To be fair, the Bucs have excuses. Some of them are even valid.
Two of their best cornerbacks are still on the sideline, and Jason Pierre-Paul is playing with a bum shoulder that is difficult to overcome when you’re 32 and your extended warranty has expired.
Their Hall of Fame tight end has been AWOL for a large chunk of the season and the quarterback doesn’t seem to have much faith in Rob Gronkowski’s replacements.
So, yeah, when it comes time to grade the 2021 season the Bucs will have a legit alibi.
On the other hand, they don’t throw boat parades for having the best excuses.
This 29-19 loss to Washington on Sunday will either be the low point of what turns out to be another glorious season, or it will be that moment when you first realized the Bucs do not have the same magic they did a year ago.
The choice is mostly theirs.
Oh sure, some of it will come down to fate. If Gronkowski, Antonio Brown, Sean Murphy-Bunting, Carlton Davis — and now Vita Vea — get healthy soon, the Bucs could soon be strutting again.
Until then, some of Tampa Bay’s bigger names had better start making more of an impact.
That includes Tom Brady. And Shaquil Barrett. And Mike Evans. And Lavonte David. To paraphrase an ancient NFL prophecy, much is expected of those who take up much of the salary cap.
What we witnessed on Sunday was inexcusable no matter how many injuries and rationalizations the Bucs come up with. By the second half, Washington was missing pass rushers Montez Sweat and Chase Young, yet the league’s worst pass defense still held Brady to a pedestrian 220 yards.
And two weeks after a quarterback with a 13-13 career record (that would be Trevor Siemian) undressed the Tampa Bay secondary, a quarterback with a 2-6 career record (that would be Taylor Heinicke) shined a spotlight on their exposed backsides.
Again, there is no excuse for that.
Good teams lose in the NFL. On occasion, they even lose to really bad teams. But you cannot lose to a backup quarterback, get a bye week to recover, then lose to a last-place team.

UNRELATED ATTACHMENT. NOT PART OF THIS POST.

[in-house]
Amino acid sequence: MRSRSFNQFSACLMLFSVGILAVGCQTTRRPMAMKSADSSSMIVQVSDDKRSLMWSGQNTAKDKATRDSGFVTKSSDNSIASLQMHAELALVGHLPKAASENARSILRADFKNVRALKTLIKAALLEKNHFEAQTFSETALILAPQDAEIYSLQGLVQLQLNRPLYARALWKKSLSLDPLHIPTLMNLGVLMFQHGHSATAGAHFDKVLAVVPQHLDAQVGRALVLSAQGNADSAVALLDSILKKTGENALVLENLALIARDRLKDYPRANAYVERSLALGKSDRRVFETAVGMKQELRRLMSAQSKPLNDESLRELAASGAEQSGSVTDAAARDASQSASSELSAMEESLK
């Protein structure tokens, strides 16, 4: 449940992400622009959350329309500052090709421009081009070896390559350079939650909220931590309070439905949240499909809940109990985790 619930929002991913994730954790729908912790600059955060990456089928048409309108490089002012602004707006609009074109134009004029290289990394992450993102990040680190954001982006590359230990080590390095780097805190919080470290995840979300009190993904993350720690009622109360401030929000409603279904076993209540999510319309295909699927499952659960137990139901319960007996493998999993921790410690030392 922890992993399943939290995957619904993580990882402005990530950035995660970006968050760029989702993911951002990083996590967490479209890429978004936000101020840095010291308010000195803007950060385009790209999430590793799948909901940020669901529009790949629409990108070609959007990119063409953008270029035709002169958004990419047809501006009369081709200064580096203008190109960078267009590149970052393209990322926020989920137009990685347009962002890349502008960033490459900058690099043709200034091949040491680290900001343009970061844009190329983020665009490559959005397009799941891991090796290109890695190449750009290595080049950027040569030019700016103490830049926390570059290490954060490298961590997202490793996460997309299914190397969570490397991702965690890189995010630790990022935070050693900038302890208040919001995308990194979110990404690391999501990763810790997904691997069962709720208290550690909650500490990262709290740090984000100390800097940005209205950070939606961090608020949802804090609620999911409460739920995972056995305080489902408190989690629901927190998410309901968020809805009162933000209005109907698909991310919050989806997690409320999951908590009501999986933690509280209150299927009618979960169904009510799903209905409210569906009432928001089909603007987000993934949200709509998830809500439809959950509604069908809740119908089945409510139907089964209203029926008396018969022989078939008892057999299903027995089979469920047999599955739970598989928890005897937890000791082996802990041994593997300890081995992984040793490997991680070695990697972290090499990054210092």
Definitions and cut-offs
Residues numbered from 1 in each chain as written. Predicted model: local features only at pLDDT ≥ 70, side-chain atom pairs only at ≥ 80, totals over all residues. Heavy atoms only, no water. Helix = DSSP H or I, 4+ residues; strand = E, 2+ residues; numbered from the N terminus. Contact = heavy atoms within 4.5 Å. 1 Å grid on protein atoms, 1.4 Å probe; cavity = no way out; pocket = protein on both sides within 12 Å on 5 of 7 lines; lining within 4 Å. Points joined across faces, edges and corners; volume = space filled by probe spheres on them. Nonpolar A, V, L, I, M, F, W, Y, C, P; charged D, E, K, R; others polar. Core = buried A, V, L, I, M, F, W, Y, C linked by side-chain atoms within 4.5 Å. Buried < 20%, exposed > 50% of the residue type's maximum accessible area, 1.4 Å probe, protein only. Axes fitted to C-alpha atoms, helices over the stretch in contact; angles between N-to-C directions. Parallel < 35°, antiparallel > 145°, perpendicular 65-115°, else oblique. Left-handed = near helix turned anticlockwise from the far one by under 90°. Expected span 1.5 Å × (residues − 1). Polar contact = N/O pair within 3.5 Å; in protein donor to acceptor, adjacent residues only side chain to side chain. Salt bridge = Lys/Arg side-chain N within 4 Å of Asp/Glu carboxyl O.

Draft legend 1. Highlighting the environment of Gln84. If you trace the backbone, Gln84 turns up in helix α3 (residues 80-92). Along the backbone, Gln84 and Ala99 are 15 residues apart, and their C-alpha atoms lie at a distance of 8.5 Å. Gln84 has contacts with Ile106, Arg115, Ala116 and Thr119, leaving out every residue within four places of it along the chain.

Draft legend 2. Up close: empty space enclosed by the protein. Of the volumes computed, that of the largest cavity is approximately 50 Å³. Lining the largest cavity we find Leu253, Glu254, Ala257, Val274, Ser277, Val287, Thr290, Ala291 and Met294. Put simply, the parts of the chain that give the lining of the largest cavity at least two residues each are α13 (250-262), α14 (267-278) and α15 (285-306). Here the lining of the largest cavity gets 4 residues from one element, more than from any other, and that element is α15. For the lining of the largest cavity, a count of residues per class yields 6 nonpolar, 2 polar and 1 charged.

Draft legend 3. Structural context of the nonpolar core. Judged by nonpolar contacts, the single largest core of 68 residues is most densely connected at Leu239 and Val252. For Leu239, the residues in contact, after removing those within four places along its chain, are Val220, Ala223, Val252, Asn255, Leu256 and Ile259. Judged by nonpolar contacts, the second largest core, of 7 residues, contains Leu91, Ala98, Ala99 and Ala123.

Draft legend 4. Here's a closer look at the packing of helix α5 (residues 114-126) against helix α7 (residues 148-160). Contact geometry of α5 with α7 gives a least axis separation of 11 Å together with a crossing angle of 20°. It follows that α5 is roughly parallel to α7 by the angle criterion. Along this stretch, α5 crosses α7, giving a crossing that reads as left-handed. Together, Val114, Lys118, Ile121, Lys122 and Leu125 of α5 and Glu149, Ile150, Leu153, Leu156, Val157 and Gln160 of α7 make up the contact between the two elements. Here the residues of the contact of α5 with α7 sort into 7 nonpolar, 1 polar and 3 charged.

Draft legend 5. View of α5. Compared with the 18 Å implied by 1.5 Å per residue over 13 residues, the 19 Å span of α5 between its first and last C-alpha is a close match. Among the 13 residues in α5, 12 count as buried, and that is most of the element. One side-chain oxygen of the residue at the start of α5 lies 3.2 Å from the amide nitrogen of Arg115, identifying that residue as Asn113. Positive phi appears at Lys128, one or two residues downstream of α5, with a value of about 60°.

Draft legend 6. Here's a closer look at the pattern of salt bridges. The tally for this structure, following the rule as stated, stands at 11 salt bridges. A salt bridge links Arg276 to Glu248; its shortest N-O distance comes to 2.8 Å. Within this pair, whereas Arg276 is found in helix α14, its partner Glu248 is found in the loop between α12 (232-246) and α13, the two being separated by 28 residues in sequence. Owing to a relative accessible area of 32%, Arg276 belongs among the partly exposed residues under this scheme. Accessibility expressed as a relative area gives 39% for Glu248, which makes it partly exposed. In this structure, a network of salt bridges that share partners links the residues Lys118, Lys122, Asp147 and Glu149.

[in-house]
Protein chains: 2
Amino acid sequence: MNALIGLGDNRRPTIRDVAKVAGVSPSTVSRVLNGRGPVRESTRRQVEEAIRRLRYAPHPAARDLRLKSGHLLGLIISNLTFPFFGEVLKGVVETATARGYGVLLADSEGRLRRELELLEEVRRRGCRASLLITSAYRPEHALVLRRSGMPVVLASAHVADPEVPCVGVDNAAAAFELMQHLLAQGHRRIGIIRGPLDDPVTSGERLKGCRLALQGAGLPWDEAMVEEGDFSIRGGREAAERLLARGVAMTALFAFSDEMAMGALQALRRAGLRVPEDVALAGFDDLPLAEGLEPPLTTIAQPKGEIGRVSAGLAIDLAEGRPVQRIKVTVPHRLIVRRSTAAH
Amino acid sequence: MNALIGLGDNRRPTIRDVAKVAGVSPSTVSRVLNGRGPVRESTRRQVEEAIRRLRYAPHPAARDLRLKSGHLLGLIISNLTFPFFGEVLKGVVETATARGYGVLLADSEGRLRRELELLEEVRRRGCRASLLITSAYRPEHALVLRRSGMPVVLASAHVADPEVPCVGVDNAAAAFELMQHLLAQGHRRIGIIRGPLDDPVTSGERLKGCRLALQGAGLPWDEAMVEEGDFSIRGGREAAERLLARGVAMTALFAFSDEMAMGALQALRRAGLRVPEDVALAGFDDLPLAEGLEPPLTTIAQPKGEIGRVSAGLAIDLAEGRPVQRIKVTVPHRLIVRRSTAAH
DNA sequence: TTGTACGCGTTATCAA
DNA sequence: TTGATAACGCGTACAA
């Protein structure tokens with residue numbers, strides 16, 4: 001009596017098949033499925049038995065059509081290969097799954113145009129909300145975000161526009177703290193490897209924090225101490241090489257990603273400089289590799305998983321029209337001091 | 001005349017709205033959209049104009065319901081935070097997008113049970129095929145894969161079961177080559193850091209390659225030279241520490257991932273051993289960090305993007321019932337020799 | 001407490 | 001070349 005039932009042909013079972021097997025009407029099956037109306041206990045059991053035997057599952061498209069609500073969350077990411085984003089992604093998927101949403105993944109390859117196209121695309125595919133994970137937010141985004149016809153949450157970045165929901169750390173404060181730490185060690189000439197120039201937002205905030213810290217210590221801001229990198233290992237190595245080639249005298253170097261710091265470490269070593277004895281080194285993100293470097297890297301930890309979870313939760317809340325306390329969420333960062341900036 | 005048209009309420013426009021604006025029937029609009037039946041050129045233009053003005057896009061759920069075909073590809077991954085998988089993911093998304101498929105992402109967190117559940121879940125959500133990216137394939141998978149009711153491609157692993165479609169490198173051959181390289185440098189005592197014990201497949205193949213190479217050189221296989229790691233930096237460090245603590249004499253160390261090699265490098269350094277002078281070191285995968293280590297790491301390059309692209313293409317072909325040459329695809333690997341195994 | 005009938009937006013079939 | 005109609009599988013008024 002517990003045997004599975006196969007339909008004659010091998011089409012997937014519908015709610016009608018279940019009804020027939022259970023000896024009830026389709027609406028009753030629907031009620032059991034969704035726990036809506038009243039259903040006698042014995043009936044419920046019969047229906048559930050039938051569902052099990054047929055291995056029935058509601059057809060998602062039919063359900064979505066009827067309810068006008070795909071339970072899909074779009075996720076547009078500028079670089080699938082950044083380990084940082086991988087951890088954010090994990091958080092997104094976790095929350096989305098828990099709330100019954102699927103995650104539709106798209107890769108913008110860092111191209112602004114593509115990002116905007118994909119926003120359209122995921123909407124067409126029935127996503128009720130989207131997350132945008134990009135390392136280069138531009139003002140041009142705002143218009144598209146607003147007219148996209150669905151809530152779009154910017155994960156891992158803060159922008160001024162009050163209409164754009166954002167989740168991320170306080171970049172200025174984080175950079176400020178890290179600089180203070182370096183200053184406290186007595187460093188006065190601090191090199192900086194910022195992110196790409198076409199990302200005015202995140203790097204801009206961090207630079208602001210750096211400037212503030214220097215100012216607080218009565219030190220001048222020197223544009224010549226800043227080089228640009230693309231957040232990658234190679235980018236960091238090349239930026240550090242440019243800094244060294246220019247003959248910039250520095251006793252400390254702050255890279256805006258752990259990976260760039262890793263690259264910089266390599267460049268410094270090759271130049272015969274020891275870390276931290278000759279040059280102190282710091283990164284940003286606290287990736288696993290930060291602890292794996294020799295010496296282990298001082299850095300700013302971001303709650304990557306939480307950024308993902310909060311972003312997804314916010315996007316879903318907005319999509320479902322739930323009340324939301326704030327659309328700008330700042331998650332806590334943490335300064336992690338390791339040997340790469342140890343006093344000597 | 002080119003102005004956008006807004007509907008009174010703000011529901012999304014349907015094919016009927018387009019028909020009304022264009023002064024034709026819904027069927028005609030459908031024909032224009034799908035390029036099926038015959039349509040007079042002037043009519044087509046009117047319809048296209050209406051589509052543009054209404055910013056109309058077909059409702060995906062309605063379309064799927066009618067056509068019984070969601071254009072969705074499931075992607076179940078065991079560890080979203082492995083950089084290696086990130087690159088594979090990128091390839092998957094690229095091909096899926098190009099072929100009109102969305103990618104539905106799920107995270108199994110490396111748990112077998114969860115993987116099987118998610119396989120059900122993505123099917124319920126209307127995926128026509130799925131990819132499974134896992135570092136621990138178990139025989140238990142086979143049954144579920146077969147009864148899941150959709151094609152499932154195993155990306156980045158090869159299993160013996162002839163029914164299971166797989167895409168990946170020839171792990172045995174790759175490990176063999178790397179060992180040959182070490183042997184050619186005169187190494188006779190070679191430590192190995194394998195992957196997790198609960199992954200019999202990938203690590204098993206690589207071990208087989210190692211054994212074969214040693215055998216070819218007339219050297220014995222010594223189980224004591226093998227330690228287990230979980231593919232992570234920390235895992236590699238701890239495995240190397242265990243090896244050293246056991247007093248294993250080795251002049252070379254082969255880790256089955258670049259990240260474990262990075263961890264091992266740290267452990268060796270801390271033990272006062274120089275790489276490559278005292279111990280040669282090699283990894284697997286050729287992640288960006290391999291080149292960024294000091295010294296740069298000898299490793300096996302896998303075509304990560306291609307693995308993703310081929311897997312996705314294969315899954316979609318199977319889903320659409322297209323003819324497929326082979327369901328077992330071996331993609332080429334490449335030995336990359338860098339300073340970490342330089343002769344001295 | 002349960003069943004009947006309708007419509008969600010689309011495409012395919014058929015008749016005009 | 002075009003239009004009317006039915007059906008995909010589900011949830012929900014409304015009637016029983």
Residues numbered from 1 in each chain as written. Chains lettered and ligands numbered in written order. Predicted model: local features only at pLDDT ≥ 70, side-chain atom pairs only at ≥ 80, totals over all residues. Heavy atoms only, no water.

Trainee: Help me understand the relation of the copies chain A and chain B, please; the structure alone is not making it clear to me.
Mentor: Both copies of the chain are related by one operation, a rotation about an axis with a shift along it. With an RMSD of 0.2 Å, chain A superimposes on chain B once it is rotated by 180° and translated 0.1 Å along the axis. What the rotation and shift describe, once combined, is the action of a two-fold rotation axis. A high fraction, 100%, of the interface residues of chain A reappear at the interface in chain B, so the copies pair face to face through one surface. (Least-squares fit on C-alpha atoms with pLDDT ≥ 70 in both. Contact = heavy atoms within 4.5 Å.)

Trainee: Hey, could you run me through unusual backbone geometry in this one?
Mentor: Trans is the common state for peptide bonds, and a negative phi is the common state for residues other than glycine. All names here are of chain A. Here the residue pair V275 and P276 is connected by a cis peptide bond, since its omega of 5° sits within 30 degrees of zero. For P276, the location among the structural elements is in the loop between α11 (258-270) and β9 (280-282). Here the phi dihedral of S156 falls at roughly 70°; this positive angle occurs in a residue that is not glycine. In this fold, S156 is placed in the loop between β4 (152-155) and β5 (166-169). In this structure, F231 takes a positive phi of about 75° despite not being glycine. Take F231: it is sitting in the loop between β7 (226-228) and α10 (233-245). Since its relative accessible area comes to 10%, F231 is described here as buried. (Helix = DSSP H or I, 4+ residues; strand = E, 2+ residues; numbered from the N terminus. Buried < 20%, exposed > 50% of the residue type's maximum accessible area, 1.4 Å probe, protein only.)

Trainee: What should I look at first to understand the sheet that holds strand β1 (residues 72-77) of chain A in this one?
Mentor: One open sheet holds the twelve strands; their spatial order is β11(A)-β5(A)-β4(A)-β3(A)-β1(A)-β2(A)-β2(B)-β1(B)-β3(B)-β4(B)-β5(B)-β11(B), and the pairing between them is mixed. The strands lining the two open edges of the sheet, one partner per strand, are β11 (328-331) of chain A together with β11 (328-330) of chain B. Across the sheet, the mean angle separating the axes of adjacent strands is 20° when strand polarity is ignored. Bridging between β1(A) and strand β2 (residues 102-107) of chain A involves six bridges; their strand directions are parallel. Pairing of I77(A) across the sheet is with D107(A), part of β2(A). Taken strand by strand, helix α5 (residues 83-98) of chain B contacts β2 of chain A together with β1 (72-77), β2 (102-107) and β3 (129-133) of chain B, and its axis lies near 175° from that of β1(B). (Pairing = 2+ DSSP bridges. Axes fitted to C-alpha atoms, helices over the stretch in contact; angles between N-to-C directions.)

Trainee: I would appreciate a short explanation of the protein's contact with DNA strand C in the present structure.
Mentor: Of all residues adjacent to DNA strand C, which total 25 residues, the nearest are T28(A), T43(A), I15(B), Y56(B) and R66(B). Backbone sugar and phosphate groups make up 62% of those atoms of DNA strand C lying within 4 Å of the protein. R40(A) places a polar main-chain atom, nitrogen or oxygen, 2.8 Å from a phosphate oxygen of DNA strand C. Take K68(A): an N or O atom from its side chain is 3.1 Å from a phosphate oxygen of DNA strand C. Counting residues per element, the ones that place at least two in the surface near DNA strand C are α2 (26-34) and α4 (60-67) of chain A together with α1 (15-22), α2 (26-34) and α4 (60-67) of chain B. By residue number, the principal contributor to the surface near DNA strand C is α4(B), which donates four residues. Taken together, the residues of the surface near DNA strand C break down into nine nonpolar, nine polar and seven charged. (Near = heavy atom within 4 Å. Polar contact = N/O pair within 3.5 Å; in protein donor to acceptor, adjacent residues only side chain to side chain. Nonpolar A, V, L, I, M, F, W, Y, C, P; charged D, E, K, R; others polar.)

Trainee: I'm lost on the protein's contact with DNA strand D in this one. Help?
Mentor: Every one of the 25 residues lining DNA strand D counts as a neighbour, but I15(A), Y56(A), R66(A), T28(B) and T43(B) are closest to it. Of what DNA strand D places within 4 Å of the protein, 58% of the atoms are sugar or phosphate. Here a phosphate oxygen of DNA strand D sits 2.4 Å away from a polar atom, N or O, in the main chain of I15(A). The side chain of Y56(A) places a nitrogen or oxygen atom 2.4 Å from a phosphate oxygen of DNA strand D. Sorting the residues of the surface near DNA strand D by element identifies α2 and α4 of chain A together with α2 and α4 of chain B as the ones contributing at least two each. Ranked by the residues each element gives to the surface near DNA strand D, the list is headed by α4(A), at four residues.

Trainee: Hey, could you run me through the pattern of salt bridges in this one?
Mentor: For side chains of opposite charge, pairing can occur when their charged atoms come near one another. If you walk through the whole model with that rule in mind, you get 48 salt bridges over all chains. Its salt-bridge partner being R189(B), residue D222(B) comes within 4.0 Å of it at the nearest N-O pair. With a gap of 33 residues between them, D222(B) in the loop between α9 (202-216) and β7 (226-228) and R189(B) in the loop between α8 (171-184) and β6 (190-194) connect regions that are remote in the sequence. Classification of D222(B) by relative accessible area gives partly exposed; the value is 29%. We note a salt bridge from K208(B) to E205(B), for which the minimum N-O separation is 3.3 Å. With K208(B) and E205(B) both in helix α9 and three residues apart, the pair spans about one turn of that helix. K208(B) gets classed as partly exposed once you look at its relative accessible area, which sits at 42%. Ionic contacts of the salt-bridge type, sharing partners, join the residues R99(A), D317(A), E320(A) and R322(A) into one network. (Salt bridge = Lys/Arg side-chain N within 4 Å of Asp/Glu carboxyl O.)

“We’ve got a lot of soul searching to do,” coach Bruce Arians said.
A few weeks ago, the defense appeared to have turned a corner. When they forced five turnovers in a game against Chicago, it capped a month-long run when they had given up less than 15 points a game.
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But since then, they’ve played mostly on their heels. The Saints held the ball for 33:16 and Washington held it for 39:08. The defense recorded five sacks Sunday, but that was mostly due to a plethora of blitzes. The defensive line, and Barrett in particular, had very little impact.
“We’re going to figure this out real quick,” said David, who had a forced fumble. “And it’s going to be on the veterans’ shoulders to turn this thing around.”
The offense doesn’t get a free pass, either. The easiest barometer of success and failure the past two seasons has been the number of turnovers on offense. Including the postseason, when the Bucs turn the ball over two or more times, they are 3-6. In every other game, they are 18-2.
And while one of Brady’s two interceptions on Sunday was the direct responsibility of receiver Jaelon Darden, who had a perfect pass bounce out of his arms and into the hands of a Washington defensive back, Arians had no interest in exonerating his quarterback.
The coach also seemed miffed that Brady was constantly throwing underneath coverage and not waiting for plays to develop downfield.
“Had nothing to do with the receivers,” Arians said of the interceptions the past two weeks. “It was (Brady).”
The Bucs took the long road to win the Super Bowl last season, and the odds are they won’t be able to do that again. That means winning the NFC South, and that means not giving away any more games to inferior teams.
This isn’t a time to panic, but it also cannot be dismissed as a mere product of injuries and misfortune. Tampa Bay is either going to survive this rough stretch, or its going to fade quietly into the sunset.
And that final boat ride will be a lot less entertaining.
John Romano can be reached at email@example.com. Follow @romano_tbtimes.
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